Sign in to comment!

Menu
Home

Natural Science

Can Physics Explain Mysteries of Crop Circles?

crop circle Indonesia

People watch a 70-meter-wide crop-circle that appeared recently in a rice field in Indonesia. Could physics have the explanation? (AP)

Science and UFOs, as a rule, generally don't go together.

UFOs and crop circles, however, go together like the Illuminati and the dark side of the moon. Crop circles and science? Again, not so much. But that doesn't mean the ever-increasing sophistication of corn circlework isn't beyond impressing top physicists.

In this month's edition of Physics World, Richard Taylor, director of the Materials Science Institute at the University of Oregon, claims every summer brings with it more mystery as to how the produce-punishing pranksters ply their trade.

"Crop-circle artists are not going to give up their secrets easily," Taylor wrote.

"This summer, unknown artists will venture into the countryside close to your homes and carry out their craft, safe in the knowledge that they are continuing the legacy of the most science-oriented art movement in history."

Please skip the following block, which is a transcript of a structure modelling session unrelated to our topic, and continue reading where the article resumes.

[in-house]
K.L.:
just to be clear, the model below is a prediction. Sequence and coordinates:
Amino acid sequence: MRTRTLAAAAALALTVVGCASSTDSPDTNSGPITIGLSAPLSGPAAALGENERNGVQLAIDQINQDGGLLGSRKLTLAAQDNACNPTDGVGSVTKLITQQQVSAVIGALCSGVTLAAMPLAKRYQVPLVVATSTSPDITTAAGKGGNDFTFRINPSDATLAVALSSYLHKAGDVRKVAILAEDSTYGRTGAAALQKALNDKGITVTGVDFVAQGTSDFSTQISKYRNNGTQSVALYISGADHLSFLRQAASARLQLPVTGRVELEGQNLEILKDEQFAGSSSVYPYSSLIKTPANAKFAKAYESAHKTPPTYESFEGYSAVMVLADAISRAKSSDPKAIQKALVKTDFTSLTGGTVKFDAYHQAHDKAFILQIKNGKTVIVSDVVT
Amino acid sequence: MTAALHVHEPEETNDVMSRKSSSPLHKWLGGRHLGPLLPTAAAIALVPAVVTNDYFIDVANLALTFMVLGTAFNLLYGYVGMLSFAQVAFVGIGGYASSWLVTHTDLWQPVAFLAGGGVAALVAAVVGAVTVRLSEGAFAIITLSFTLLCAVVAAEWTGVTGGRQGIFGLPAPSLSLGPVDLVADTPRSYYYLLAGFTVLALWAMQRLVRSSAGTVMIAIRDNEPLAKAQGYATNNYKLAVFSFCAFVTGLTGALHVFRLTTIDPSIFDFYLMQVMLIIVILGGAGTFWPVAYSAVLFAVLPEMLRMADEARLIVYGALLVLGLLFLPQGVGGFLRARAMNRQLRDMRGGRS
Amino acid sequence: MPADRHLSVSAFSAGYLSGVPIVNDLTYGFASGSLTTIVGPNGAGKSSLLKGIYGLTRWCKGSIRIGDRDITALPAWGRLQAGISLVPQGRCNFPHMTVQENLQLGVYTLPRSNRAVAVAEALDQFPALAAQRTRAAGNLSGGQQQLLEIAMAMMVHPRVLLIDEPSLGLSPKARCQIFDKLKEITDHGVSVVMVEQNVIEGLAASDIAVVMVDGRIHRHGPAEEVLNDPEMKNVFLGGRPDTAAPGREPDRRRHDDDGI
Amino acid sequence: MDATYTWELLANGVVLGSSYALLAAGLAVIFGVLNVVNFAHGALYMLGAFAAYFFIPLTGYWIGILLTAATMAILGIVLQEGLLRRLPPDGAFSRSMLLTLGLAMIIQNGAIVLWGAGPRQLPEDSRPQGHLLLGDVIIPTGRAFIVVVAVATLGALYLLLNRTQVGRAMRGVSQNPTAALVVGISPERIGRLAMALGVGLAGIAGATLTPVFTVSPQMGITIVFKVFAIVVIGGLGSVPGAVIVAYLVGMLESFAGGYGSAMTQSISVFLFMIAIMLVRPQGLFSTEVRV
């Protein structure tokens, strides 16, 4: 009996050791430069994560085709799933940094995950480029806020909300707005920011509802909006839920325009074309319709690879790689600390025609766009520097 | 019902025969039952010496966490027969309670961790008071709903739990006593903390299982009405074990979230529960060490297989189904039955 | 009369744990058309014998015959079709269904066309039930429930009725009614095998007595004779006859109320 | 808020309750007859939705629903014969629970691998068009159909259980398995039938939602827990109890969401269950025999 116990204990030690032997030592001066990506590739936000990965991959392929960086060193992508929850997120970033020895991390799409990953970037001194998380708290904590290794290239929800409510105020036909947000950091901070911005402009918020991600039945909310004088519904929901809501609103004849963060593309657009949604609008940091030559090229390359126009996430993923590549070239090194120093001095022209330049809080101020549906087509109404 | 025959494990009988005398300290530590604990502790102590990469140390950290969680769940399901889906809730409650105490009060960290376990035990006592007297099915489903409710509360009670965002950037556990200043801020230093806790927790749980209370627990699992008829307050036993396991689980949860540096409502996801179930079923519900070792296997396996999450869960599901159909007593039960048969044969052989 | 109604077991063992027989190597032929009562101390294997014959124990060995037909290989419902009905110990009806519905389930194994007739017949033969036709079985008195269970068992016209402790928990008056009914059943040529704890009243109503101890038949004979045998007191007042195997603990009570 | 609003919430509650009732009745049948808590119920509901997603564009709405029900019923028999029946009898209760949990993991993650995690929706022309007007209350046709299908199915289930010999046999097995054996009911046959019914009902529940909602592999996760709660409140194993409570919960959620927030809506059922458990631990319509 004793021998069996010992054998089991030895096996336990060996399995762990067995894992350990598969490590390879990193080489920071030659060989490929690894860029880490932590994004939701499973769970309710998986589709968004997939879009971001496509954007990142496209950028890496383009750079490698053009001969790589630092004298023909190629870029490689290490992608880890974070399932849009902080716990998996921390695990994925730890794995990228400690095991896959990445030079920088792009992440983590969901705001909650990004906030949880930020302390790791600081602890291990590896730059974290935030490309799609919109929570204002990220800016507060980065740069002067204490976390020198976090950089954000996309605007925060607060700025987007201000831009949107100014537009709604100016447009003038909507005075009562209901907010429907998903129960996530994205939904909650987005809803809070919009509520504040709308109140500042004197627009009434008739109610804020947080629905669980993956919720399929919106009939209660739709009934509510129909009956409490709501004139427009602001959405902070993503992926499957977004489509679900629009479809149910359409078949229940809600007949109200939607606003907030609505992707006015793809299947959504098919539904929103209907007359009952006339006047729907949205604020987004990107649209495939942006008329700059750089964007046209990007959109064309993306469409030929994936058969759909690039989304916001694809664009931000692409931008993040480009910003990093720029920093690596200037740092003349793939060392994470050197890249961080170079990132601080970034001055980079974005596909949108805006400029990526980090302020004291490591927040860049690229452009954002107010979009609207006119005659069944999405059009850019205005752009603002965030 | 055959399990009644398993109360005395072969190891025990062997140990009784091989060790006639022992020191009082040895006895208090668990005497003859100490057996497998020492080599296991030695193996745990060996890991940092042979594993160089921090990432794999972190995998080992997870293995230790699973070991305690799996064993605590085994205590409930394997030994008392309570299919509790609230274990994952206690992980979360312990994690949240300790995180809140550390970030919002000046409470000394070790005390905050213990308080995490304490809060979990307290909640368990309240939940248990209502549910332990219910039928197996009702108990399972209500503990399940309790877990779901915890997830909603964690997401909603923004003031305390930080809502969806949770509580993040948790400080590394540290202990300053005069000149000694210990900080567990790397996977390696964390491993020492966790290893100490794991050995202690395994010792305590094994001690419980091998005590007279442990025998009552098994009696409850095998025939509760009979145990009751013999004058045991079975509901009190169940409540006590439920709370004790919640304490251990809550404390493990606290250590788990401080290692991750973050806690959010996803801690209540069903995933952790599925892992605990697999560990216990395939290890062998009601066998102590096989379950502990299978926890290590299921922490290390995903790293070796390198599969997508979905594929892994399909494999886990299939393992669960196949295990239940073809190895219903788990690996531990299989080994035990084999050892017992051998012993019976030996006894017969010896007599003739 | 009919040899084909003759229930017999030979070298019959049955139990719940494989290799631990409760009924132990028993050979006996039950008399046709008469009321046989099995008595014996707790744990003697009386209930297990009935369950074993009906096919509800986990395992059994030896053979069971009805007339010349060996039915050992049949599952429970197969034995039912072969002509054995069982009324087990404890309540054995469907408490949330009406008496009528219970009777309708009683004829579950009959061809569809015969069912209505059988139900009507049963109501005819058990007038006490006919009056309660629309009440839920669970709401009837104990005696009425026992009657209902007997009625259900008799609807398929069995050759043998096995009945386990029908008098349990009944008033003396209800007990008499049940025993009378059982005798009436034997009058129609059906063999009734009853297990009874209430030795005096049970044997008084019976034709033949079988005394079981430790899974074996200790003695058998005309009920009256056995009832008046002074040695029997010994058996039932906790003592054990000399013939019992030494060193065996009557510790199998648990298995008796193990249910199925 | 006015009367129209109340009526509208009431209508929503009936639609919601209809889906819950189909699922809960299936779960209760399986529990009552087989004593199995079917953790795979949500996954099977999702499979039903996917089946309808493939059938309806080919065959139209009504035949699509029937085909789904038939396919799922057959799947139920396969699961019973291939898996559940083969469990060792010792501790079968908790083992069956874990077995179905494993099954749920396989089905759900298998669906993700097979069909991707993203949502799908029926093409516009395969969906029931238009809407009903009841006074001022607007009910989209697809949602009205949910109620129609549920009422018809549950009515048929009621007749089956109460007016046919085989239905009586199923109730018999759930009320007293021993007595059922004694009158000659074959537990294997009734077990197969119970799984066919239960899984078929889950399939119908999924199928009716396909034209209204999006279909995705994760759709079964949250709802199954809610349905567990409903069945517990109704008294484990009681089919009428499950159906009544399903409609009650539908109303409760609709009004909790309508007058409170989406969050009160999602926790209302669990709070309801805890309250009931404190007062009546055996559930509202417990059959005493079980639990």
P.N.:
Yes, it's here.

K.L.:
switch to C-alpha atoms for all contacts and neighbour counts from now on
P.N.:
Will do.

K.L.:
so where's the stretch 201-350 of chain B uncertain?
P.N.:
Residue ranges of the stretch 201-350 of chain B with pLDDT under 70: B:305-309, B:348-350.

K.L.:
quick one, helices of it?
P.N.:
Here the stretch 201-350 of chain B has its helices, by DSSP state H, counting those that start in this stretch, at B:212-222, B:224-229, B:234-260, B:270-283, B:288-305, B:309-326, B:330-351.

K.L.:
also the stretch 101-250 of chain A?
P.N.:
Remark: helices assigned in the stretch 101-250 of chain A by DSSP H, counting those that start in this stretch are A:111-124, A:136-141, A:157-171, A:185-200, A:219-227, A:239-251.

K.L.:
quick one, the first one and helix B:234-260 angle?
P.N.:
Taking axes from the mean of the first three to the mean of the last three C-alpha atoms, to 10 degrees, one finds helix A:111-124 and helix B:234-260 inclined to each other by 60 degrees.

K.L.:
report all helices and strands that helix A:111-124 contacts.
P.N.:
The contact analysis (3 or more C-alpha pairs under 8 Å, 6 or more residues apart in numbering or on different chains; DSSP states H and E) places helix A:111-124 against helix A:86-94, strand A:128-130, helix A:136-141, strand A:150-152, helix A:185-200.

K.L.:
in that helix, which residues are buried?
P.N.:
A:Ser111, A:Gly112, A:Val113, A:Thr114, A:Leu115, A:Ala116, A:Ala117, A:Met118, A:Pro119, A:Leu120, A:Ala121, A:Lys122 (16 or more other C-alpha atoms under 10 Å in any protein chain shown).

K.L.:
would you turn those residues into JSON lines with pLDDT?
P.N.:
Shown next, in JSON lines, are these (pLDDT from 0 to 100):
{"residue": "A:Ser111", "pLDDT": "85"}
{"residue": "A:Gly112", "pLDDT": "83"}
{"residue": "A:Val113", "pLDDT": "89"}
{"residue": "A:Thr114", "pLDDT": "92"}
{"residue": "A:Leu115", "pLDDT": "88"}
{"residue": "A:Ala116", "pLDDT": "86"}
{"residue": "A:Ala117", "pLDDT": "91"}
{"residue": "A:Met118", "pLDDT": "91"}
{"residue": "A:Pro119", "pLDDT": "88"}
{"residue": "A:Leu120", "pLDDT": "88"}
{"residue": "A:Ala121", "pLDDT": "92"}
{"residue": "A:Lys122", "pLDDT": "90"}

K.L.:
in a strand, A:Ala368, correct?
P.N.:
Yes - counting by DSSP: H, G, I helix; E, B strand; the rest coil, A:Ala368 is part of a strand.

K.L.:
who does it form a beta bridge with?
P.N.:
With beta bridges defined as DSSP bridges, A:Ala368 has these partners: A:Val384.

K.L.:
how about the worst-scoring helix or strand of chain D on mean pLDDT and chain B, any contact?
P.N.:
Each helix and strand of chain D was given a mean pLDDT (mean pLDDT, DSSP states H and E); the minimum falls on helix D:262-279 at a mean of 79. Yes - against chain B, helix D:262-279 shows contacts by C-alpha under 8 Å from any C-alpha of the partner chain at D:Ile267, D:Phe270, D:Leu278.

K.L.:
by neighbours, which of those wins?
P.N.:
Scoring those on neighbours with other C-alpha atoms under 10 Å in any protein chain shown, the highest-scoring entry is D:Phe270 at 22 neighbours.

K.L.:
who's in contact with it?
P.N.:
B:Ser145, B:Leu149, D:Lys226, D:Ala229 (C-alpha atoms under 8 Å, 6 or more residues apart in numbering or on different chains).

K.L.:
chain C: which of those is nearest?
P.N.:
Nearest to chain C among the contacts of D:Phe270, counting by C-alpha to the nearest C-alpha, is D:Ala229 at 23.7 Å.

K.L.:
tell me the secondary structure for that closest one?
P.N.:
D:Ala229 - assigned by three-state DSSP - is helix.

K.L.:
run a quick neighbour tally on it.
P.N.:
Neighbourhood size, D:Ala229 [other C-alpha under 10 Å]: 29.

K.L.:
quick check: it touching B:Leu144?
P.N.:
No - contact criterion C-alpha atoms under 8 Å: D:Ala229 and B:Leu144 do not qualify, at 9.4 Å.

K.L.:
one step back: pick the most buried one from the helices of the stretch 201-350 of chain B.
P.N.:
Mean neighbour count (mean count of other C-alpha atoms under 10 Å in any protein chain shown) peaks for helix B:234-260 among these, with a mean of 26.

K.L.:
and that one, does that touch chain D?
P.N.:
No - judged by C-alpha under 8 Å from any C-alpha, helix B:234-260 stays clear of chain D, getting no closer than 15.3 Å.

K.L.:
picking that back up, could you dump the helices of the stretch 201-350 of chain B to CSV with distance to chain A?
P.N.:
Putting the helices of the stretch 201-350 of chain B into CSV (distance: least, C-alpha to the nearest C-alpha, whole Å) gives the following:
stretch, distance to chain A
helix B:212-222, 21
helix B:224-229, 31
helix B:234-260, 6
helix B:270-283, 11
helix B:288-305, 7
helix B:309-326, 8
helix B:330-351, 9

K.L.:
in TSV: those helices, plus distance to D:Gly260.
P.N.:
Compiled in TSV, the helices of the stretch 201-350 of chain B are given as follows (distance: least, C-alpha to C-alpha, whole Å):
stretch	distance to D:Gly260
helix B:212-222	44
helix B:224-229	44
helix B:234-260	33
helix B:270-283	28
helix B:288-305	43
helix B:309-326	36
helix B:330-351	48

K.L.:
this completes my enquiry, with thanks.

While that might be a bit of a blow for those think there's a better place out there, Taylor says the technology behind the global crop-circle phenomenon is still well-deserving of admiration.

Today's designs are more complex than ever, he says, with some featuring up to 2,000 different shapes.

Mathematical analysis has revealed the use of construction lines, invisible to the eye, that are used to create the patterns.

The difference today is that where crop-circlers once used ropes, planks of wood and bar stools, high tech has taken over: GPS helps a lot, he says. Lasers also have their place.

But the most innovative modern technique involves using microwaves to force corn stalks to fall over and cool horizontally. One research team claims to have reproduced damage inflicted on crops by using a handheld magnetron ripped from a microwave ovens and a 12V battery.

The microwave technique could explain the speed and efficiency of the artists and the incredible detail that some crop circles exhibit, Taylor says.

Hang on -- bar stools?

And another question -- why does an academic feel the need to get caught up in the world of alien landing conspiracies?

Matin Durrani, editor of Physics World, said Taylor was "merely trying to act like any good scientist -- examining the evidence for the design and construction of crop circles without getting carried away by the side-show of UFOs, hoaxes and aliens."

Read more about crop circles, UFOs and science at news.com.au.